Chicken Meatballs with Artichokes & Carrots, Starring Bill Murray

Meatballs make me laugh! You have to be “of a certain age” to laugh at meatballs. So I wish I didn’t laugh out loud at the thought of Chicken Meatballs with Artichokes & Carrots because I hate it when I date myself.

But damnit I miss Bill Murray.

And I don’t mean the middle-aged Bill Murray, who has enjoyed a career renaissance playing forlorn cool characters in meaty independent films. Nope I mean the laugh-out-loud Bill Murray. The Saturday Night Live Bill Murray. The iconic comic genius who brightened my world from 1979 to 1993 in a string of movies that Hollywood just wouldn’t find funny anymore.

For those of you who don’t remember 1979, it was a very good year. Sure I was struggling through an awkward adolescence. But so was Bill Murray and he was nearly 30! That certainly made a geek like me feel like the world wouldn’t end. Because 1979 was a year that launched Murray’s film career with the movie, Meatballs. In it Murray plays Tripper, the zany head counselor at Camp North Star. Basically, the movie revolves around the pernicious Tripper putting the moves on a curvy fellow counselor, harassing the camp’s boss, and befriending a lonesome boy. There’s also some shenanigans involving the teen-aged counselors in training and some spirited pranks with a neighboring, well-to-do camp. But for all of its ribald fun, Meatballs at its heart is a sweet movie that warms the heart without being disingenuous, saccharine, or just plain stupid.

Movies can’t seem to do that anymore and I don’t know why.

Chicken Meatballs

So here I am stuck at home laughing into a plate of Chicken Meatballs with Artichokes & Carrots missing Bill Murray.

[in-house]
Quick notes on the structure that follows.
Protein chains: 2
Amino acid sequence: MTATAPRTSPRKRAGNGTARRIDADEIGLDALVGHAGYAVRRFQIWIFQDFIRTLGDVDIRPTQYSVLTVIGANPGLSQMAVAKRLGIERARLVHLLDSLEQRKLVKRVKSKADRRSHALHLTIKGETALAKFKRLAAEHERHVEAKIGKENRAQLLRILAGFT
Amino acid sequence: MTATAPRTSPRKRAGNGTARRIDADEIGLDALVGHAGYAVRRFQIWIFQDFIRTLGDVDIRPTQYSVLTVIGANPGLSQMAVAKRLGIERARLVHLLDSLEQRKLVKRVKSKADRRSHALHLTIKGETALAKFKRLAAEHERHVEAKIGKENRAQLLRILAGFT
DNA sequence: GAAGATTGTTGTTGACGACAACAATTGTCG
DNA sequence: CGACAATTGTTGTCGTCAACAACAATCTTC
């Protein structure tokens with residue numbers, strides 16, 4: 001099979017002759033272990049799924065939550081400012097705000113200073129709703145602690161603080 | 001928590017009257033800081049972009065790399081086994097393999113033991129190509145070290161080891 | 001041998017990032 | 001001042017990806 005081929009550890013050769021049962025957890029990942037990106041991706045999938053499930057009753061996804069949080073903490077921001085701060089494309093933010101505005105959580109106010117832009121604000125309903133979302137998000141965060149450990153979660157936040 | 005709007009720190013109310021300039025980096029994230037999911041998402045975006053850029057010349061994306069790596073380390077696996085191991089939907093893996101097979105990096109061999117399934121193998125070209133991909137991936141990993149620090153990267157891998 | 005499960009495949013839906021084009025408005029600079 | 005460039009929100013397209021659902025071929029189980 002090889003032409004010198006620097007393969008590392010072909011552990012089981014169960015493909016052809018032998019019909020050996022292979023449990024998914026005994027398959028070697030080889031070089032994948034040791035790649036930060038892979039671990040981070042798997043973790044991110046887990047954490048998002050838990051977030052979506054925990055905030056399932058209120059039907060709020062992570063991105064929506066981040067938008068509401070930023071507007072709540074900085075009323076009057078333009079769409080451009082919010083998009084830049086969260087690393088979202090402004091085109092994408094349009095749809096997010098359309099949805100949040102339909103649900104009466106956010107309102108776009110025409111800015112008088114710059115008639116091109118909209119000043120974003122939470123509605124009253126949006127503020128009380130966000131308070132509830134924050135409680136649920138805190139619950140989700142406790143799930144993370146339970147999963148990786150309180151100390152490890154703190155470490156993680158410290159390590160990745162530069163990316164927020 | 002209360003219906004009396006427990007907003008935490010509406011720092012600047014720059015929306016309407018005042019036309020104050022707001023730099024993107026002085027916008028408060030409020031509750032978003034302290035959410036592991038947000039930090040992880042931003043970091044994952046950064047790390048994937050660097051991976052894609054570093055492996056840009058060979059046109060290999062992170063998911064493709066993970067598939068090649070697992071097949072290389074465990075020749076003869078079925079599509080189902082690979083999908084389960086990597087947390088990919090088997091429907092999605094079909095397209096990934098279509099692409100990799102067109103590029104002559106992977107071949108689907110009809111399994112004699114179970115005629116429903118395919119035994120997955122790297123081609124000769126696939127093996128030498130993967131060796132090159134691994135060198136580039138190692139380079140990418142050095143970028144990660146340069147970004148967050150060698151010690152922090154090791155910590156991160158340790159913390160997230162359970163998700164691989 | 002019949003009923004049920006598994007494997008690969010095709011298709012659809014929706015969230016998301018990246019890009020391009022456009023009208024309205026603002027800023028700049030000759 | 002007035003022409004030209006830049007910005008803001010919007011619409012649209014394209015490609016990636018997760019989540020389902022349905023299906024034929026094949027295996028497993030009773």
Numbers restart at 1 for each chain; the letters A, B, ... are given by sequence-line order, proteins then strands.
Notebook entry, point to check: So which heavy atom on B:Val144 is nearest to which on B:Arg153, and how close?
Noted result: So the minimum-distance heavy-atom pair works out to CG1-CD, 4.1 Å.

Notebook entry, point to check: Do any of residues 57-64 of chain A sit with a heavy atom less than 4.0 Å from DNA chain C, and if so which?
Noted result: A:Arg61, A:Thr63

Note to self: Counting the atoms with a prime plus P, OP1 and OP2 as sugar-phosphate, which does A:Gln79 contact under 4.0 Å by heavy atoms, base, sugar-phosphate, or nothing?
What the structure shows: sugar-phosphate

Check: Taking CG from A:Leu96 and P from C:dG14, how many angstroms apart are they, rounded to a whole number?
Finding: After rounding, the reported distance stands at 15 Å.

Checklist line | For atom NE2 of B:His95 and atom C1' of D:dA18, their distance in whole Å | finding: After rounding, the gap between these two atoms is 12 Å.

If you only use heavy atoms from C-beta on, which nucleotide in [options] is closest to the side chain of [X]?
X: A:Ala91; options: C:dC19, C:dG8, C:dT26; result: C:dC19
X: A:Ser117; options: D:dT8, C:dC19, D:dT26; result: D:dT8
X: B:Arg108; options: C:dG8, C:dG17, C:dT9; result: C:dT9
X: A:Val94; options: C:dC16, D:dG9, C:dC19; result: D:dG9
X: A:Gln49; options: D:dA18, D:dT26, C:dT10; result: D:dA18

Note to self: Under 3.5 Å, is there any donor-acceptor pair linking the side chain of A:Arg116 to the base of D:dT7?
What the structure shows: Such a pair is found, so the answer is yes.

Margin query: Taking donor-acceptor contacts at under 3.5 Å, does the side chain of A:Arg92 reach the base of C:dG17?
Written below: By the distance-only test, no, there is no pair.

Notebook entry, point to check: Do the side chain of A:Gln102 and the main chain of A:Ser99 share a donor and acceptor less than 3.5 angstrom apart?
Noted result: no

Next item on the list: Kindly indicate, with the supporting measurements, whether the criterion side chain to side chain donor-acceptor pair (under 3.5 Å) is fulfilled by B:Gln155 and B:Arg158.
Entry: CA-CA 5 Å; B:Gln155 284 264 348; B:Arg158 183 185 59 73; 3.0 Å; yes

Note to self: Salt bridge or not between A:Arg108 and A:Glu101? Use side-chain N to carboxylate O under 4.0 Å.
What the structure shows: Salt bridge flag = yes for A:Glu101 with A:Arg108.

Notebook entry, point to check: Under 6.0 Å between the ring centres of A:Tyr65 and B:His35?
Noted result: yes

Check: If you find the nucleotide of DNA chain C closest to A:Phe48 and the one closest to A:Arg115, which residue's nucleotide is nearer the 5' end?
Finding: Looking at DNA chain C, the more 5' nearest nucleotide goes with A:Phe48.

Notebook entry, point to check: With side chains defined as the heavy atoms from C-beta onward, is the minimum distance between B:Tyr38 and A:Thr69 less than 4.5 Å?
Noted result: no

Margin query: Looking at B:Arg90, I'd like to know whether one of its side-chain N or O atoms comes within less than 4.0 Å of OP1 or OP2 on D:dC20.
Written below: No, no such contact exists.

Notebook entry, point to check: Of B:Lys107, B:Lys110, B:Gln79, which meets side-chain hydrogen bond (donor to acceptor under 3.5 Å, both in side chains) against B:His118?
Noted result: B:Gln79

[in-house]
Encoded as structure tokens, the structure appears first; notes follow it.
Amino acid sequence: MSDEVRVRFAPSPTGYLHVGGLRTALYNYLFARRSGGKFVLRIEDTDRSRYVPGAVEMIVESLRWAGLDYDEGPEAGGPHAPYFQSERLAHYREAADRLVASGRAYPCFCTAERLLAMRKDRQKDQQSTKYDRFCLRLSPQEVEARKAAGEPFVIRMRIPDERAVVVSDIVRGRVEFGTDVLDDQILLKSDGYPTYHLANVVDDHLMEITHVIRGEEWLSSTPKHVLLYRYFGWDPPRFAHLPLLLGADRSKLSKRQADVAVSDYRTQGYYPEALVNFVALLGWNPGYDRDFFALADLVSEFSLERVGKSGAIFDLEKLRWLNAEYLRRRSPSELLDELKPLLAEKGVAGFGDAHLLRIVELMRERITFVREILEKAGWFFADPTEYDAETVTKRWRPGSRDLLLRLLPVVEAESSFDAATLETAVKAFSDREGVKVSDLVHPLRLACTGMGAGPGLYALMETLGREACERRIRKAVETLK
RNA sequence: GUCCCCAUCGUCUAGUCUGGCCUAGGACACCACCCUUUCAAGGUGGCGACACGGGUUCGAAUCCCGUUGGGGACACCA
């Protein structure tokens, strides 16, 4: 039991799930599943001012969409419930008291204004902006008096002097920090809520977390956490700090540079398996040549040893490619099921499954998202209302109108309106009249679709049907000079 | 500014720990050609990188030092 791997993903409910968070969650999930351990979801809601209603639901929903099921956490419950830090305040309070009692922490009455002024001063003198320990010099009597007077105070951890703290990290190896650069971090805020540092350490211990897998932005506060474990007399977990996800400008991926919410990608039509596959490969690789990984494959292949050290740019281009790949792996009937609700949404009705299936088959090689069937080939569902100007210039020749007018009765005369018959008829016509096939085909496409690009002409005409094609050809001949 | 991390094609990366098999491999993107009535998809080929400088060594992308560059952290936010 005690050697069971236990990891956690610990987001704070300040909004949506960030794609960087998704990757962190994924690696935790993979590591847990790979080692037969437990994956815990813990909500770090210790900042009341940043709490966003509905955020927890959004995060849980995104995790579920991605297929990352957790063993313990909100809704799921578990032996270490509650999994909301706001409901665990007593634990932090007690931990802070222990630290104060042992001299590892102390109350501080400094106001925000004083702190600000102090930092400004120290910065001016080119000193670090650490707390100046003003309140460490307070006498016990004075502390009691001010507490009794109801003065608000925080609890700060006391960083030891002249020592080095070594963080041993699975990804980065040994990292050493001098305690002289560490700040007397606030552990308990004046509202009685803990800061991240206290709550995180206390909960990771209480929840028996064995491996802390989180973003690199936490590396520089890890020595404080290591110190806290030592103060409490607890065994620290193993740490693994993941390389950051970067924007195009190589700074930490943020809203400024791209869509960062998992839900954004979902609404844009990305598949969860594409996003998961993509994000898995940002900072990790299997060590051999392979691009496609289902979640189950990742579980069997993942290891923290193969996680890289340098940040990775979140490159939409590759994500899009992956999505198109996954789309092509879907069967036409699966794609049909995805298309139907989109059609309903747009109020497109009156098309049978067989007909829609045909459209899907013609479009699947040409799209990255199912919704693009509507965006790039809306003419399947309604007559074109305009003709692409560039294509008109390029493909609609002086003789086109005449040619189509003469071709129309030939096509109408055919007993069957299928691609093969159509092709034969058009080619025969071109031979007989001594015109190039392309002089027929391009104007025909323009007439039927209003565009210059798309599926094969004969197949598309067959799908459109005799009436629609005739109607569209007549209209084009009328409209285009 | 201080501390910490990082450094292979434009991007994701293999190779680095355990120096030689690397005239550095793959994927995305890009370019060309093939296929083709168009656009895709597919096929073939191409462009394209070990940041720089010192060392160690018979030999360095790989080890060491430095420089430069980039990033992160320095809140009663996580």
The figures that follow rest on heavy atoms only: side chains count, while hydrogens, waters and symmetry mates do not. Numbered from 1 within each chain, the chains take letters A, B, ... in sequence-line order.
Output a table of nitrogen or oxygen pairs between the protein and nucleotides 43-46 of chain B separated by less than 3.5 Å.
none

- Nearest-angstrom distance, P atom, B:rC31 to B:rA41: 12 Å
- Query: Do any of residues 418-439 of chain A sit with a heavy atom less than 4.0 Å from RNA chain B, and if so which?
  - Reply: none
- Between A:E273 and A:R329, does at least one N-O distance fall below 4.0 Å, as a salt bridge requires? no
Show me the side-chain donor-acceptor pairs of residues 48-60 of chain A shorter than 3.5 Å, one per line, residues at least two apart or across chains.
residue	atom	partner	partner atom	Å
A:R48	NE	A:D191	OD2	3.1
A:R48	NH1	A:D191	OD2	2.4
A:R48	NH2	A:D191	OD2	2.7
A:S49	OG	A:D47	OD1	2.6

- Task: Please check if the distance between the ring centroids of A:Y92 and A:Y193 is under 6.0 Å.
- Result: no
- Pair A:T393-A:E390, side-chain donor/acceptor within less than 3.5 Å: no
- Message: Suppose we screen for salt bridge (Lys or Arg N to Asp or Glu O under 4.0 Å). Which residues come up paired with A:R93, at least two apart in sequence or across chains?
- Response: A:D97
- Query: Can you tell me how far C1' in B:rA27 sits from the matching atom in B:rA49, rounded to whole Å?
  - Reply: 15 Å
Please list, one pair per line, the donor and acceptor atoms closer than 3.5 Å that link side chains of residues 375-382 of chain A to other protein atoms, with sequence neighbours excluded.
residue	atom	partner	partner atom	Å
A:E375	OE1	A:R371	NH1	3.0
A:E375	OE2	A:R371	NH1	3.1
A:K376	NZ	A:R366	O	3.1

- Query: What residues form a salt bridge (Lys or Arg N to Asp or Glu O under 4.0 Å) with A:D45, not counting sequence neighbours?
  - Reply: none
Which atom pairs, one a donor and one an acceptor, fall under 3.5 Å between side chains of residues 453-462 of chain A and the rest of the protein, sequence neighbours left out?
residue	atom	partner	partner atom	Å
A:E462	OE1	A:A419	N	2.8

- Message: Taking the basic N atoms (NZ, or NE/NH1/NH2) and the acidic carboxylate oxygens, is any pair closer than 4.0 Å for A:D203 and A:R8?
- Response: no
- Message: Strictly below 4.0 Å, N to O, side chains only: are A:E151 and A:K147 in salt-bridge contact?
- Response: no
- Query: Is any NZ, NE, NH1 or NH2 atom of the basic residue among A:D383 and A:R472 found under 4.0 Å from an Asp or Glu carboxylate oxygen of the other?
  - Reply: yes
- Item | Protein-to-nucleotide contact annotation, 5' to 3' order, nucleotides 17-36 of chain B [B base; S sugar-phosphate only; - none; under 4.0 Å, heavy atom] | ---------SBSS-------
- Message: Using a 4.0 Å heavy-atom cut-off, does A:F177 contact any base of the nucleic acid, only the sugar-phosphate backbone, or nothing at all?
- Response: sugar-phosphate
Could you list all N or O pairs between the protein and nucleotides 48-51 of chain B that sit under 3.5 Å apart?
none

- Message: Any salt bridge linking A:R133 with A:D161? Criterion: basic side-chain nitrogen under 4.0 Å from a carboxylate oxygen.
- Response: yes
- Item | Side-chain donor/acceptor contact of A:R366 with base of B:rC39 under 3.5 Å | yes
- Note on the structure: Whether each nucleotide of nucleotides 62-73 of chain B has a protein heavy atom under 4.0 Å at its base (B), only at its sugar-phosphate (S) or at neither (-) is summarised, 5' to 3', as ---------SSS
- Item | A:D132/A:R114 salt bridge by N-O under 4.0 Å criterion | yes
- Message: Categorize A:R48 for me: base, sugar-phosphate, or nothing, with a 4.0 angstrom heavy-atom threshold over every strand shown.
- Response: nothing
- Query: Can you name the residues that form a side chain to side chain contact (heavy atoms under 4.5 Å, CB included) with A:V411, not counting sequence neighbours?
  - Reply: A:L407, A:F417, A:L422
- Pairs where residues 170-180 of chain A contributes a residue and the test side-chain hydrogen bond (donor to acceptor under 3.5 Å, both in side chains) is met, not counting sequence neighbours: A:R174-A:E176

chicken meatballs
serves 6 CLICK here for a printable recipe
  • 1 large yukon gold potato
  • 1 pn kosher salt
  • 1 1/2 ground chicken
  • 2 t thyme leaves, minced
  • 2 egg yolks, separated
  • 2 tablespoons Parmesan cheese, grated
  • 3 T milk
  • 1/2 t sea salt
  • 1 oz olive oil, plus more as needed
  • 12 oz frozen artichoke hearts, thawed
  • 4 carrots, peeled and cut into 2‑inch pieces
  • 1 medium shallot, thinly sliced
  • 3 T white vermouth
  • 3 c chicken broth
  • 2 T fresh squeezed lemon juice
  • 1/4 c heavy cream
  • 2 T flat leaf parsley, minced

Put the potato pieces in a saucepan, cover them completely with water, add a big pinch of salt, and set the pan over medium-high heat. Cook potato until tender, about 14 minutes. Drain and return the pieces to the hot empty saucepan they were boiled in. Lower heat to medium-low and dry the potatoes somewhat, being careful not to scorch them. Remove from heat and let cool somewhat.

Pass the potato pieces through a ricer into a large bowl. Add ground chicken, thyme, 1 egg yolk, cheese, milk and salt; blend with your hands until just combined well (do not over-mix). The mixture should be a bit wet and sticky. Which may make them a bit more difficult to work with but makes for a much better texture when cooked.
In a large cast iron or non-stick skillet, heat 1/4 cup oil over medium heat. Use an ice cream scoop about 1 1/2‑inches in diameter to form balls, dropping them directly into the hot pan. Fry meatballs, in batches of 6 or 8, turning often, until well browned and nearly cooked through, about 4 minutes per batch. Add more oil between batches if needed. Transfer to paper towels with a slotted spoon.
Heat remaining 2 tablespoons oil in a large high-sided skillet or heavy pot over medium-high heat. Add defrosted artichokes, carrots and shallot; cook, stirring frequently, for 3 minutes. Add vermouth to deglaze pan and let it reduce some. Add the broth; bring to a boil, reduce to a simmer and cook for 10 minutes. Carefully add meatballs and continue cooking, gently turning meatballs halfway through, until vegetables are tender and meatballs are cooked through, about 10 minutes.

In a small bowl, whisk together lemon juice, remaining egg yolk and cream; gently stir into pot with meatballs. Return broth to simmer and cook for 3 minutes. Sprinkle with parsley. Serve warm.

Adapted from La Cucina Italiana